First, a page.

Thirty-three percent of survivors of childhood cancer are at great risk of getting infertile as a result of radiations and chemotherapy. The latest research conducted on a non-human primate model showed that the immature testicular tissue could be cryopreserved and then later utilized to restore the animal’s fertility. This advancement in science provides hope for boys who will be undergoing cancer treatments.
The senior study author, Dr. Kyle Orwig said, “We grew up in families ourselves, and I imagine that many of us dreamed about growing up and having our own families,” He also stated, “This advance is an important step toward offering young cancer patients around the world a chance at having a family in the future.”
Boys do not have mature sperms by birth rather the hormonal changes that they undergo during puberty increase the production of testosterone that further activates the production of sperms from stem cells. Chemotherapy tends to kill these stem cells causing infertility in boys.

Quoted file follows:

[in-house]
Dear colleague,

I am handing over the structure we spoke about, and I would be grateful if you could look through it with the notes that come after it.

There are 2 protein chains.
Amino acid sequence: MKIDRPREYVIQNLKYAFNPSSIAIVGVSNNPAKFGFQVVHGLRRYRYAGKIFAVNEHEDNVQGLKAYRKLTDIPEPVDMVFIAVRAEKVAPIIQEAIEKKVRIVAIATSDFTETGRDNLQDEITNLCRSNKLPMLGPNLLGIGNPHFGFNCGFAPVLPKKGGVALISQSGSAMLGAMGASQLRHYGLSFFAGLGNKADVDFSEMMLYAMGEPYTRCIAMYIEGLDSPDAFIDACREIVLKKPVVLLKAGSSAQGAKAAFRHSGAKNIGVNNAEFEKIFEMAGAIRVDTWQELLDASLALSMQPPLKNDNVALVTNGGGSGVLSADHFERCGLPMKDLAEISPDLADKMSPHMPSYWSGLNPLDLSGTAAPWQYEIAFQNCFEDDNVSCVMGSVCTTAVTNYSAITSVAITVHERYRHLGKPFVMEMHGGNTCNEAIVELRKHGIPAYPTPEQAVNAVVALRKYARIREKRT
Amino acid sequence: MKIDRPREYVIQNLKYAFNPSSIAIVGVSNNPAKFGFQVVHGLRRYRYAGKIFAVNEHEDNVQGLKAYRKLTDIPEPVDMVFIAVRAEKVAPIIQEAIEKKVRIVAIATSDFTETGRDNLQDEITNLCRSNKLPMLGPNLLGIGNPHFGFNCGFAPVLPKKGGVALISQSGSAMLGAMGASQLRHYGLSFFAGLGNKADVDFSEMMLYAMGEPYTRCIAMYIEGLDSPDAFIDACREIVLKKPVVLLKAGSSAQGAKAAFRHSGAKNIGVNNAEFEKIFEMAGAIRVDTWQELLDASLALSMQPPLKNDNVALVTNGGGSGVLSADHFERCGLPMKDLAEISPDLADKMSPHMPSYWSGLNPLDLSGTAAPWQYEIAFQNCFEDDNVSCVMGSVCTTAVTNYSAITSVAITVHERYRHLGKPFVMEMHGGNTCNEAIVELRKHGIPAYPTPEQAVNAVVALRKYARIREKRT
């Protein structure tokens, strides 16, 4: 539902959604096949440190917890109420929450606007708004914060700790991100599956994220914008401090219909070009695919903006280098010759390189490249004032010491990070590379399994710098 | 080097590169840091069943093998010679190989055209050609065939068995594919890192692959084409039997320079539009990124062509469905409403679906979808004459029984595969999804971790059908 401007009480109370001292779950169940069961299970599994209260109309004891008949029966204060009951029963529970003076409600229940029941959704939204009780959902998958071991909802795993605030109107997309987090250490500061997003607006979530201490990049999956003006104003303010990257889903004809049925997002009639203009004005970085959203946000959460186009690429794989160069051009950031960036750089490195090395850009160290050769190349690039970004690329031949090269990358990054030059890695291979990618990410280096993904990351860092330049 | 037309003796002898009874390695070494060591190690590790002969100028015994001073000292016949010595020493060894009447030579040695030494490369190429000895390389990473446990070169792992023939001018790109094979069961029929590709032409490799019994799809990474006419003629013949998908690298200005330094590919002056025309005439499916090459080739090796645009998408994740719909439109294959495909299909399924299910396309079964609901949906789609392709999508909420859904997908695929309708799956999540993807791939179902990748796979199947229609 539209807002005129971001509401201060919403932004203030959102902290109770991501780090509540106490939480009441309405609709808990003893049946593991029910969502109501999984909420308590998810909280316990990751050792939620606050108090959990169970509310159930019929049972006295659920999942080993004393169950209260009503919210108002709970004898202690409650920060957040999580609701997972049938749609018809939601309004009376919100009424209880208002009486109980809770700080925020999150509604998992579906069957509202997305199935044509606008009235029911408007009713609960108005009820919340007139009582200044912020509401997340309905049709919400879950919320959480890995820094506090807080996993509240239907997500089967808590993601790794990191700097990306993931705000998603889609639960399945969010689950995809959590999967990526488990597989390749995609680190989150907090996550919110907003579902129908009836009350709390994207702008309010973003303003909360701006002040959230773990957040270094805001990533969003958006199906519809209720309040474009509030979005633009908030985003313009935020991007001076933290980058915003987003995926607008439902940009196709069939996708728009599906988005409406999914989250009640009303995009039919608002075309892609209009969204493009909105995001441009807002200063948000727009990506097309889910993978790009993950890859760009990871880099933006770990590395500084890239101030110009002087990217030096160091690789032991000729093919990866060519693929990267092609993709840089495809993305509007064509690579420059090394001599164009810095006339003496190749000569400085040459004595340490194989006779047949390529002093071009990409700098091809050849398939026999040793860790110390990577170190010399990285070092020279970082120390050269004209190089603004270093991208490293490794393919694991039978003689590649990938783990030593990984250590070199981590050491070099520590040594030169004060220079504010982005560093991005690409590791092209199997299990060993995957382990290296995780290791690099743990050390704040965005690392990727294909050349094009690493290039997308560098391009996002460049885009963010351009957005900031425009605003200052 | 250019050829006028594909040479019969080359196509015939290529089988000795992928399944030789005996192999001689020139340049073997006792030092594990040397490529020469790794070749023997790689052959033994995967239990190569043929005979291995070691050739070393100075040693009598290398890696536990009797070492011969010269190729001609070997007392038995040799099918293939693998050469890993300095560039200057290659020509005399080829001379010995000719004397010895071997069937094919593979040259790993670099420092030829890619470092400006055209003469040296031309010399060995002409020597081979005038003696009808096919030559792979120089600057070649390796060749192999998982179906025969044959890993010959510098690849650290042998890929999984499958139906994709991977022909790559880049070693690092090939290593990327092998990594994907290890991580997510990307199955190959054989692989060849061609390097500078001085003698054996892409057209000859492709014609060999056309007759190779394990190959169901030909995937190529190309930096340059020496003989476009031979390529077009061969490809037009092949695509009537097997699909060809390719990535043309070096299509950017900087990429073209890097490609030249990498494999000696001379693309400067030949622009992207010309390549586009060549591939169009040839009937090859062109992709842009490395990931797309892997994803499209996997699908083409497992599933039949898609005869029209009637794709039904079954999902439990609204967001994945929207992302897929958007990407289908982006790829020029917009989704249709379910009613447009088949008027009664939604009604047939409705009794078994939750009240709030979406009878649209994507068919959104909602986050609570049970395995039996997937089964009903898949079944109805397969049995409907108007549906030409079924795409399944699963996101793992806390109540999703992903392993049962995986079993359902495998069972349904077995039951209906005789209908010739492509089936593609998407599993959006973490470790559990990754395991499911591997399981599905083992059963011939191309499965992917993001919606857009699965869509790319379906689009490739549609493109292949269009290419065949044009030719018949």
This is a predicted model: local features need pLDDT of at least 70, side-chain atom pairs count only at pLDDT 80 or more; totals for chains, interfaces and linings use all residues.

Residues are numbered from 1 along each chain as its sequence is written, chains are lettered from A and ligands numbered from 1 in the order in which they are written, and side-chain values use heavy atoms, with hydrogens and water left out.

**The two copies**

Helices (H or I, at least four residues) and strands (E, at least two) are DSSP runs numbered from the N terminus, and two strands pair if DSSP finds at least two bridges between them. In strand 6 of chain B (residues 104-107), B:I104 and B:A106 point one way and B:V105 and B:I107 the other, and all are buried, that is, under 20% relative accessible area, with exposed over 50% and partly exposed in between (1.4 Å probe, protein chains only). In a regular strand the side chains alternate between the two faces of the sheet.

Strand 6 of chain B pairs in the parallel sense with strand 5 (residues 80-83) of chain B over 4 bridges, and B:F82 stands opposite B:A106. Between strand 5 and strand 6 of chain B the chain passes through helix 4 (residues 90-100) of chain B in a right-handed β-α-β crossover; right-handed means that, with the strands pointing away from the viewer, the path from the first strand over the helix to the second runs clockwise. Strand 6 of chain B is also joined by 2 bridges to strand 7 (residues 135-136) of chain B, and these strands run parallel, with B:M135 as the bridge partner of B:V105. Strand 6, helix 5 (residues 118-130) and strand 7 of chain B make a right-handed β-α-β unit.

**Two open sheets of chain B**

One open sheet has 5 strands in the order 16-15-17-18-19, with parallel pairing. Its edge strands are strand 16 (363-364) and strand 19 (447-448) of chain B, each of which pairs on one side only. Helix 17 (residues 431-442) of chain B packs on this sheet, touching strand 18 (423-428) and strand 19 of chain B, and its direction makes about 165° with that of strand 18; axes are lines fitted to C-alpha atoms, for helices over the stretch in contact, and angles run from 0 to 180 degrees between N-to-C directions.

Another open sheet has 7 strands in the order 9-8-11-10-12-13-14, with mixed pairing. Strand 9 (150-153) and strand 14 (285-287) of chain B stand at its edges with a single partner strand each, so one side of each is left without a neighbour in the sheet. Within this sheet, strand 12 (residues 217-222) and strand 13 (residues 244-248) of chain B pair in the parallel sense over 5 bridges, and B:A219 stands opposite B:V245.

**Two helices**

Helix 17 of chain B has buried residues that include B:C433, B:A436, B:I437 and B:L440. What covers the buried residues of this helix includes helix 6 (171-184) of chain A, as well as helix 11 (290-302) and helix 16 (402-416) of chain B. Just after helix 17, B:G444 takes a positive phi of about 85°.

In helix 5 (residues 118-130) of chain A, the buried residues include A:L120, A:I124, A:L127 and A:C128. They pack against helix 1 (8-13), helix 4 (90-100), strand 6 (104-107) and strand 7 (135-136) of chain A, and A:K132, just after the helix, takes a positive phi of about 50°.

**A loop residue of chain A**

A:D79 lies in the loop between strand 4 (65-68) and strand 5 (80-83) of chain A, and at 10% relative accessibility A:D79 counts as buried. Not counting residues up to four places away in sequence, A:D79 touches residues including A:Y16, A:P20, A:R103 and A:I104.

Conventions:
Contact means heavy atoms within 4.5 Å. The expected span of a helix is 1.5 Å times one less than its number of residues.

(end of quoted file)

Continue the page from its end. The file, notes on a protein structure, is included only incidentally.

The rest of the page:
The first author, Dr. Adetunji Fayomi said, “Previous research in non-human primates has demonstrated that sperm could be produced from autologous transplants of frozen prepubertal testicular tissue, but the ability to produce a healthy live offspring – the gold standard of any reproductive technology – has not been achieved until now.”
In this latest research, Dr. Orwig and the team made a model of a non-human primate that had survived cancer. Before treating it with chemotherapy, the scientists removed one of the testes from the model and cryopreserved its immature testicular tissue. Once the animals reached puberty, the other testis was also removed. Later on the same day, pieces of the tissue and the cryopreserved ones were transplanted under the skin of the same animal. Once the animals reached the age of puberty, the level of testosterone increased and they started producing sperms. Around 8-12 months later, the animals were examined again and a great number of sperms were found in them. The scientists then transferred the sperms to a female recipient who later got pregnant and delivered a healthy baby.
The authors believe that the reason for their success in this experiment was that they had used a different protocol for cryopreservation and injected larger testicular tissue pieces as compared to the previous studies.